A striking example of Belgian architectural heritage in Lysychansk (late 19th century), one of the best schools in Ukraine.
The year 2017. The Lysychansk city in the Luhansk region is in the top five of the competition held annually with the support of the King of Belgium Foundation. The city receives the Belgian Heritage Abroad Award 2017.
Let’s travel 150 years into the past. In the second half of the XIX century, the lands of the modern day Ukrainian East, full of endless natural resources, cheap labour, and high-income potential, became extremely attractive to European free capital — including German, French, British, and Belgian. The latter was represented by the engineer and entrepreneur Ernest Solvay, who decided to construct a soda factory in 1889 and a residential complex for employees and workers designed by architects from Belgium.
In the settlement, there was an administrative plant building, house for a director, hospital and chapel, a school for children of workers, a canteen sometimes serving as a theatre, 300 apartments for workers with families, and 3 barracks for bachelors. One of these barracks later became a building of the Lysychansk gymnasium.
In fact, this place has almost never been a barrack. It was built in 1895, and in the early XX century, a women’s gymnasium of the ‘Prosvita’ cultural and educational organization was opened here for the children of the soda plant leadership. It was a three-storey stone building with the walls made of local sandstone. The corners, cornices, window and door frames were made of red ceramic bricks.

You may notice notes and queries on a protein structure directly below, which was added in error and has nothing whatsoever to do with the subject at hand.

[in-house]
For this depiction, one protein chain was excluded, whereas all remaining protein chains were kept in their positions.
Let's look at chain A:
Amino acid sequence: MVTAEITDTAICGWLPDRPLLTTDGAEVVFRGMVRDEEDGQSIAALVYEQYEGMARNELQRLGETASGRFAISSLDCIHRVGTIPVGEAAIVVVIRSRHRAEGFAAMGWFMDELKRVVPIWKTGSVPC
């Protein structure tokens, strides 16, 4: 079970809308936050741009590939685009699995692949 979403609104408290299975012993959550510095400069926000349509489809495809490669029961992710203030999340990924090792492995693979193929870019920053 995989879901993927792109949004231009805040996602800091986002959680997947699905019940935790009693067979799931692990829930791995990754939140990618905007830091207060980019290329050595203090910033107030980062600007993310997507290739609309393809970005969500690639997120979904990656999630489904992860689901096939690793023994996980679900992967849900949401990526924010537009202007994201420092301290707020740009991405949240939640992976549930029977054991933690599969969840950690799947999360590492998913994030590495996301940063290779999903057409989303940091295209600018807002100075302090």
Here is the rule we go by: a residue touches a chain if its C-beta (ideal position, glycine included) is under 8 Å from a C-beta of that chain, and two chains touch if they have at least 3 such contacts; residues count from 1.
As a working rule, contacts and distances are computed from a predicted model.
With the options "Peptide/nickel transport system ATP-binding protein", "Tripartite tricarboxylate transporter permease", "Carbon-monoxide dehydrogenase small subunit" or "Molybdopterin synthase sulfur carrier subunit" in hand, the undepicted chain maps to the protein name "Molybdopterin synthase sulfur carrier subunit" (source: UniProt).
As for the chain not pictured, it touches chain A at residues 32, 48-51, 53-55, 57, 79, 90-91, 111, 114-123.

During the Ukrainian Revolution in 1917–1921, there was a military hospital. In 1923, the building was used for educational purposes of the plant, and in 1977 the Lysychansk multidisciplinary gymnasium opened here.
The gymnasium soon became one of the best educational institutions in the Luhansk region and was among the best 100 schools in Ukraine. Its pupils were driven by a strong ambition to enter the best higher education institutions in Ukraine.
The building withstood two World Wars, the battle for the city during armed aggression by the Russian Federation in Donbas in 2014. However, it was destroyed during the Russian attack in 2022. On May 1, a fire broke out in the gymnasium because of targeted Russian shelling. The fire completely destroyed the century-old architectural monument. This place used to be full of memories of the rapid evolution of the industrial society in Europe between the late XIX and early XX centuries and the dreams and hopes of its students, their parents and teachers in the XXI century.
Whatever stored the memories has now become a memory itself.
The former building of Luhansk City Council and Administration, erected in the 1880s. It housed the Museum of History and Culture with 50 thousand exhibits and a library with the collection of 12 thousand books.
Former building of the Chemists’ Club’s cinema, constructed in the middle of the 20th century. Over time, it housed Luhansk Drama Theatre, which history began in the times of World War II. In 2014, the company was forced to relocate from Luhansk occupied by Russia.
The stone church of the beginning of the XX century is one of the symbols of the town of Popasna.